. . . .when it became apparent in 2001 that a school voucher provision would not be included in NCLB, the White House’s inside man in the Senate, Sen. Judd Gregg, rallied support among disappointed Republicans. In doing so, he offered this glimpse into the Rovian education strategy to bring down public schools and, in the process, dump billions into the laps of tutoring concerns run by corporate and fundamentalist supporters:Well, the dependable water carrier, Senator Gregg, is back with the Administration's version of NCLB 2.0. It comes with all the previous privatization features intact, but the strategies have been fine-tuned and intensified. Despite the allowance for "growth models" in all fifty states, which the media will no doubt portray as a good, flexible compromise, the demand for steady test score increases toward the impossible 100% proficiency test target by 2014 remains unchanged. The unyielding and unreachable proficiency target by 2014 makes growth models irrelevant to the continuing and expanded list of sanctions that are included in 2.0 in order to hasten the privatization goals. From Education Week:“Well, the supplemental services [tutoring] are a foot under the door for vouchers. They’re going to show that these schools aren’t working properly, and we’ll finally be able to show that the schools aren’t doing well. The assessments are going to prove the same thing” (Debray, 2006, p. 96).And, of course, this strategy is working. More and more schools, teachers, and children are being labeled as failures each year as we move inexorably toward impossible test targets that were cynically crafted to produce failure, rather than success. . . .
The Senate bill was introduced July 12 by Sen. Judd Gregg, R-N.H., a former Senate education committee chairman and another architect of the NCLB law.
The measure, which is co-sponsored by Sen. Richard M. Burr, R-N.C., would echo some of Rep. Miller’s ideas by introducing more flexibility into the accountability system at the center of the law.
It would permit all 50 states to participate in the Department of Education’s growth-model pilot.. . . .
The bill would retain the deadline of the 2013-14 school year for bringing all students to proficiency.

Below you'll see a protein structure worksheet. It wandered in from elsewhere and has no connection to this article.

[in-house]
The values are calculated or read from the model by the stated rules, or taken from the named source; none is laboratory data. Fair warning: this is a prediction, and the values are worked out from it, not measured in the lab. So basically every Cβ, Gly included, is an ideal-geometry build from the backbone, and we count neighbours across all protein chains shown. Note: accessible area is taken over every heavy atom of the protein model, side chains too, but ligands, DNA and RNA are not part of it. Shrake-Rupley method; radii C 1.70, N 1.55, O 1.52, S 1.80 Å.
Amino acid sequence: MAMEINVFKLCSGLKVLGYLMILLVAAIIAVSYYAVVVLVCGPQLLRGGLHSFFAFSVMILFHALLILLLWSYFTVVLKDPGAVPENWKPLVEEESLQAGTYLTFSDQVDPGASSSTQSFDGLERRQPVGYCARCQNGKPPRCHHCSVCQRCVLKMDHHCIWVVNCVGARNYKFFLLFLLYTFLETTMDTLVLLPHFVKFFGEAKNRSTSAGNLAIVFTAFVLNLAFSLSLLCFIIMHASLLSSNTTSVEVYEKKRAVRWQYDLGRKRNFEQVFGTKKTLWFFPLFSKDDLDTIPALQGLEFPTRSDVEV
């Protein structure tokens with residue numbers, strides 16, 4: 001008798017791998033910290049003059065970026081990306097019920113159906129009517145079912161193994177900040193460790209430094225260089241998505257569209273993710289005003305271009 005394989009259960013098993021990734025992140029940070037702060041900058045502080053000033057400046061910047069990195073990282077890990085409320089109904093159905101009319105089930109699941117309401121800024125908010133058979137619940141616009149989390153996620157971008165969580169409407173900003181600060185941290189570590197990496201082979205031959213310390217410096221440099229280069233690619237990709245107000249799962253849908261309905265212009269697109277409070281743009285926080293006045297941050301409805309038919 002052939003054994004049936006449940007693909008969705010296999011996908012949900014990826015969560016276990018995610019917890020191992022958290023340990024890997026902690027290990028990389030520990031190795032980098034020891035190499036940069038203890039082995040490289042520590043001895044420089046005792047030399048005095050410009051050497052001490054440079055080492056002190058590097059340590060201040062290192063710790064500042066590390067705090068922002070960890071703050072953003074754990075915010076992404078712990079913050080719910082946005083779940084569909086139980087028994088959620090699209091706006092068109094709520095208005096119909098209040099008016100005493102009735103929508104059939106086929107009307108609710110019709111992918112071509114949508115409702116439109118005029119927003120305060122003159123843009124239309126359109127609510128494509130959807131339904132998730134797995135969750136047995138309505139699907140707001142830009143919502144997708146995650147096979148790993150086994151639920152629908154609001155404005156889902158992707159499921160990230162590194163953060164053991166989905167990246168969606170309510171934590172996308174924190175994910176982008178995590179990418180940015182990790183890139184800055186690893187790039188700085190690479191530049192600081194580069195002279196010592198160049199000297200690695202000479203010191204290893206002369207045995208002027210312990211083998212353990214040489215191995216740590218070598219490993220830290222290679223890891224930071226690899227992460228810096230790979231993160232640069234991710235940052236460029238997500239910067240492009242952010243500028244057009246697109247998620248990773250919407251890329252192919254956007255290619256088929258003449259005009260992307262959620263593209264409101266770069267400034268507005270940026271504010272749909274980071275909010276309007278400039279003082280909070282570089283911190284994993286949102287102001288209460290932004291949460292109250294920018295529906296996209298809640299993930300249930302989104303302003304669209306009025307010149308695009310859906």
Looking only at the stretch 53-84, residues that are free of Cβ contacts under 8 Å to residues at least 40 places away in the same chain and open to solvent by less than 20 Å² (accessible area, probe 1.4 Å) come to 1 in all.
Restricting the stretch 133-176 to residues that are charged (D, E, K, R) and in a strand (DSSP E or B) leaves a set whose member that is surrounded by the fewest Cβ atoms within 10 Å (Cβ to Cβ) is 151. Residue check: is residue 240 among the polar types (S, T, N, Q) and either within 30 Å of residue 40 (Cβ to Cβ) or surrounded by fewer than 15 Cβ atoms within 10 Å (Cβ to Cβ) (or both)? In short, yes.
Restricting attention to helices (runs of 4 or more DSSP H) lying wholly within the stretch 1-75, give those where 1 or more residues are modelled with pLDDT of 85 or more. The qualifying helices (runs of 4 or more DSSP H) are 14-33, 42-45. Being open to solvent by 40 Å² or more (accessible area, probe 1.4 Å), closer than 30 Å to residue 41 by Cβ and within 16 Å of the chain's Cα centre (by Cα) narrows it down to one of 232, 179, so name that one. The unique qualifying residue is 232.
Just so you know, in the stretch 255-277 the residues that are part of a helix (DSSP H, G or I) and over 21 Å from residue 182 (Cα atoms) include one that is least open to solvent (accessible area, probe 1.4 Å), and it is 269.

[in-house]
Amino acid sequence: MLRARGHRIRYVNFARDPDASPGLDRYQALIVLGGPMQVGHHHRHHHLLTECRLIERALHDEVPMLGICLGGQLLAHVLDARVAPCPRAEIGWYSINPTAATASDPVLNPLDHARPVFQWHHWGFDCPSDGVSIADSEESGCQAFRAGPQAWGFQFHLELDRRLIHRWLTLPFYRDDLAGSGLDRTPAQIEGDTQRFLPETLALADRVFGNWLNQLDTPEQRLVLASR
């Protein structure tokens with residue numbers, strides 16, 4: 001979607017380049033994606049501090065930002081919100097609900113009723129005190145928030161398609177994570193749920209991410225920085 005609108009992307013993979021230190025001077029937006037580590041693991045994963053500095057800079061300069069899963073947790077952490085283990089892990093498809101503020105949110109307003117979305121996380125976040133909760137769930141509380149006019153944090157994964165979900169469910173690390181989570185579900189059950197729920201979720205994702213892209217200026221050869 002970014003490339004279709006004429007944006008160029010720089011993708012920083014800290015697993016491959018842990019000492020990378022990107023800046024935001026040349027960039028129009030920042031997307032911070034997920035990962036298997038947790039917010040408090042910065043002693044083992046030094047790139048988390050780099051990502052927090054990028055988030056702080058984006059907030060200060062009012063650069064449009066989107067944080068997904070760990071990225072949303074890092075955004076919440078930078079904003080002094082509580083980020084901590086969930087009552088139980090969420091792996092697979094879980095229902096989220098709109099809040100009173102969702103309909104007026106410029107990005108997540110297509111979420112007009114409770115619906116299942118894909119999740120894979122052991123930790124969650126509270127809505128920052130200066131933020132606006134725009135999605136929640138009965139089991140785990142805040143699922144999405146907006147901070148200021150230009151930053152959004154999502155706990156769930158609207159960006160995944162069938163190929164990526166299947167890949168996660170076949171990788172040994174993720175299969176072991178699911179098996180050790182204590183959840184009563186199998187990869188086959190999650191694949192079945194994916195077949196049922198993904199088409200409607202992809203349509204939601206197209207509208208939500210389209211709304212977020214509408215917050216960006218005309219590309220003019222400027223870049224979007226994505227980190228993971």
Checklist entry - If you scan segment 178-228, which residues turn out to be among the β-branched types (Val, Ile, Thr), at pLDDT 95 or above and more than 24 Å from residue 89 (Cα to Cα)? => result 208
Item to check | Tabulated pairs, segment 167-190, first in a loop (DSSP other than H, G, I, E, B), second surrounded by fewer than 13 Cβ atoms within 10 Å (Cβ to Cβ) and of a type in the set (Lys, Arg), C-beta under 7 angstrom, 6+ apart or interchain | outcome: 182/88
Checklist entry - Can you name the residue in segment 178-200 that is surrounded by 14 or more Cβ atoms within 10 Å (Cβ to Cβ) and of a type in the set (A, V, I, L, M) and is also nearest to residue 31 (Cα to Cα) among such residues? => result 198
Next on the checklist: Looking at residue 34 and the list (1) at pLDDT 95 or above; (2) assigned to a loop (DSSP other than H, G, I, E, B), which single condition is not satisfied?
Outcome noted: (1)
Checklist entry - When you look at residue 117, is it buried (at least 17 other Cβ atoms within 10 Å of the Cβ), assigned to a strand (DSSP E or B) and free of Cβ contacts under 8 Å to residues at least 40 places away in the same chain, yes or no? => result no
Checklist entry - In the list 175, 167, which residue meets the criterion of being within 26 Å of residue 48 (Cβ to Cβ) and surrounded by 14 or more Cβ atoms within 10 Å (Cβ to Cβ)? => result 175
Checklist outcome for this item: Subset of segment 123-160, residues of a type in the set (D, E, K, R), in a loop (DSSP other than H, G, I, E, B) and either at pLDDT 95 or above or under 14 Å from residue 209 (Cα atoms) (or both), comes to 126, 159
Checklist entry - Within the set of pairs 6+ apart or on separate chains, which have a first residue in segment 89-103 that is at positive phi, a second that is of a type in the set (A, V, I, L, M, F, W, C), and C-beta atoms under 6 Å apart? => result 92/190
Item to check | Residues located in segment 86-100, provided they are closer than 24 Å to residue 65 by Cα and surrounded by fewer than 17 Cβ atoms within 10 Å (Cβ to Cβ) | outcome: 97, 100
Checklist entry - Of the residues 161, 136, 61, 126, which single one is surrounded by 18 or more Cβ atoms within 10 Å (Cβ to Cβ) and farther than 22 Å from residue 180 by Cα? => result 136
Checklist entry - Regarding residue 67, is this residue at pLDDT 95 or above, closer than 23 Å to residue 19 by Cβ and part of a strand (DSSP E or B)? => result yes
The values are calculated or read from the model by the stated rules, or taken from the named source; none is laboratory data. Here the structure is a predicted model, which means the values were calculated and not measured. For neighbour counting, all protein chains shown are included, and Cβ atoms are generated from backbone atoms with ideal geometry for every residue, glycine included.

In the new and improved privatization plan, the menu of sanctions for failure to meet AYP (replacing staff, private management, charter conversion, state takeover) remains in place, but two more options have have been added that will make privatization through outsourcing much simpler, administratively: school closure and mayoral takeover. Gone from NCLB 2.0 is the "Other" restructuring menu item, which most systems with below-the-cut-score-schools have thus far opted for as they try to survive.
Call and write Congress to insist they say NO! to reauthorization and YES to helping us save public education and make it better. Ask your Senator or Representative if schools in Chicago can honestly be held accountable for the same world-class standards as schools in Grosse Point, MI, given the kind of Third World realities of our cities, brought to light here by Bob Herbert's latest column:
Ask your Congressman if these realites are enough to justify turning these urban children's struggling schools into privately-managed prison camps. Ask them.
The colorful playground outside Frederick Funston Elementary School has swings and sliding boards and a heartbreaking makeshift memorial for the 13-year-old girl who was shot to death in the playground a few weeks ago.
“It’s difficult out here,” said a woman who sat on a bench, watching her two small boys scampering around the playground.
What she meant was that there was nothing particularly unusual about schoolchildren getting blown away in Chicago’s black and Latino neighborhoods. Since September, when the last school year started, dozens of this city’s public school students have been murdered, most of them shot to death. As of last week, the toll of public schoolchildren slain in Chicago since the opening of the school year had reached 34, including two killed since the schools closed for summer vacation.
“That’s more than a kid every two weeks,” said Arne Duncan, the chief executive of the city’s school system. “Think about that.”
The girl killed in the playground was Schanna Gayden, who, according to the police, was shot in the head by a gang member who was aiming at someone else. Blair Holt, a high school junior, was shot to death on a city bus. Another teenager was killed as he walked home from a library.
Lazarus Jones, a 13-year-old computer-lover who was looking forward to beginning high school in the fall, was jumped by several members of a gang and beaten to death. Twelve-year-old Laura Joslin was stabbed to death, police said, by an 18-year-old girl on Thanksgiving Day. Victor Casillas, 15, was killed in a drive-by shooting.
And so on.
This should be a major national story, of course, and it would be if the slain children had come from more privileged backgrounds. But these are the kids that most of America cares nothing about — black, Latin and poor.
CNN’s Anderson Cooper covered the story. He said of the kids, poignantly: “Their names should be known. Their lives should be honored. Their deaths should be remembered.”
But that was an exception. Outside of Chicago, very little reporting has been done on this horrifying wave of murders. The truth, of course, is that Chicago is not alone. It may be jolting, even in our blood-drenched society, to have so many students from one school system killed over the course of a single school year. But most people know (and take for granted) that boys and girls growing up in America’s inner cities often have to deal with conditions that can fairly be compared to combat. . . .